We are all sadly familiar with the concept of fake news, but what about fake research? An increasing amount of evidence suggests that we can not assume that research integrity is all that it should be.
An analysis of trials submitted to Anaesthesia between 2017 -20 found 14% had false data and 7% had enough false data to invalidate the whole trial (labelling them 'zombie trials'). The trials with false data were not evenly distributed with a few countries being over-represented, raising the possibility that poor research infrastructure and governance is a contributing factor.
Another concern is paper mills - sites that generate papers on demand for a fee, with no research being done at all. The editor of RSC Advances retracted 68 articles from the journal when investigation found them to be fake manuscripts from paper mills. Editors of journals such as The International Journal of Cancer have raised similar concerns and adjusted submission policies in response to the problem.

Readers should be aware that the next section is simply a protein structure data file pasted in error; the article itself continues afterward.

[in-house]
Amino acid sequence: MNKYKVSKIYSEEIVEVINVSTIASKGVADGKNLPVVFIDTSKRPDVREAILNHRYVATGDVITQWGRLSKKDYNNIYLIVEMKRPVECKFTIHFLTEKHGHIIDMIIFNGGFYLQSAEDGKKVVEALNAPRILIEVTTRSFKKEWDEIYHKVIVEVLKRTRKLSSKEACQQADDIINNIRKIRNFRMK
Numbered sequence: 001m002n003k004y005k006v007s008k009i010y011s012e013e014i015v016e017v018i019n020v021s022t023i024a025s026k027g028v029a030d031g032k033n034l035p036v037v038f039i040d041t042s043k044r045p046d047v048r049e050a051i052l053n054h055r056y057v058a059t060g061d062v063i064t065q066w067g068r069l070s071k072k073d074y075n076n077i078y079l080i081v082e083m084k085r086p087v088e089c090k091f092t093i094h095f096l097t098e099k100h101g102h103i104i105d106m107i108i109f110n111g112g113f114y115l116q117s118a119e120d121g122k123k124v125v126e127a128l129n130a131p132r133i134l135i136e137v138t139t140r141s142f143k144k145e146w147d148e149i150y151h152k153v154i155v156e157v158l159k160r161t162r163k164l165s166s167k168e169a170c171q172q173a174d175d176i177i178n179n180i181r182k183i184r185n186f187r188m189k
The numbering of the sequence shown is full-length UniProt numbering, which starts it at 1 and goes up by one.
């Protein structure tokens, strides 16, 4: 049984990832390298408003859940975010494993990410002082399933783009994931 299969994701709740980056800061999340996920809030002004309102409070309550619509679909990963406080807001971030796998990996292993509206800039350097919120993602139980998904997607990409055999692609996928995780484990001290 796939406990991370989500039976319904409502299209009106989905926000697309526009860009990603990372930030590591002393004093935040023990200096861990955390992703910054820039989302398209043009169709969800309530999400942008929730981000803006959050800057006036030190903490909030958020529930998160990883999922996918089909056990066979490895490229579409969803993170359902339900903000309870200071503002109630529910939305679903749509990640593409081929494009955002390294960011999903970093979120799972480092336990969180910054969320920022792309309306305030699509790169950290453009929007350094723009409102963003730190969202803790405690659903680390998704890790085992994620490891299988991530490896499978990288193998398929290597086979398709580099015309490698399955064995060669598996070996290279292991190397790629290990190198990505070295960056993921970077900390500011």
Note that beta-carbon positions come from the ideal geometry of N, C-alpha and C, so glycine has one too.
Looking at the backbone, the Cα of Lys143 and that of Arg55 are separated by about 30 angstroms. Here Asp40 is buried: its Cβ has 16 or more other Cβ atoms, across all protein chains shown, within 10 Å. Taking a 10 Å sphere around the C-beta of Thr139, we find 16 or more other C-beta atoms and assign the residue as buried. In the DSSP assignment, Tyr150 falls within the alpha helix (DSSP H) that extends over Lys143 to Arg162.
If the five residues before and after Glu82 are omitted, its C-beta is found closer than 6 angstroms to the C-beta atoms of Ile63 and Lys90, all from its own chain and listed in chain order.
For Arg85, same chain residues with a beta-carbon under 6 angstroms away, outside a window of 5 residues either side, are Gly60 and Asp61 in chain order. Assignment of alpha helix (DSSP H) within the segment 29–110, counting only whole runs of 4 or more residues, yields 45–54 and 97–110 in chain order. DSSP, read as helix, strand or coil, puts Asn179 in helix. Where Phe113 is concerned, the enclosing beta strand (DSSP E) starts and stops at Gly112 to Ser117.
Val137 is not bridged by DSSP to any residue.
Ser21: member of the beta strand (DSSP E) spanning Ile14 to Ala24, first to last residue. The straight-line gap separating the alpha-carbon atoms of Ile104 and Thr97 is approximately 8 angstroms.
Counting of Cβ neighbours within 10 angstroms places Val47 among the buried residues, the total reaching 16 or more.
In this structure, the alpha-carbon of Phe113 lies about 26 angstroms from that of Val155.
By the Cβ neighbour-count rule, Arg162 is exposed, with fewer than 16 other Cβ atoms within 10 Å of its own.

So what does this mean for the researcher? The risks of basing treatment or further research on false data are obvious. A recent blog in BMJ suggested there are so many trials include faked data that anyone doing a systematic review should assume a study is flawed until proven otherwise. But faked papers and data can be hard for the uninitiated to spot. Many of the papers in the Anaesthesia example were only identified on examining the original data. Telling clinicians to check for dodgy research is easy to say but hard to do - here are a few tips to help:
We need to talk about systematic fraud. Nature 566, 9 (2019)
The raw truth about paper mills. FEBS Lett, 595: 1751-1757.
The science institutions hiring integrity inspectors to vet their papers. Nature 575, 430-433 (2019)
Journal retractions in oncology: a bibliometric study. Future Oncology 2019 15:31, 3597-3608
Continued Citation of Retracted Radiation Oncology Literature—Do We Have a Problem? International Journal of Radiation Oncology Biology Physics. 2019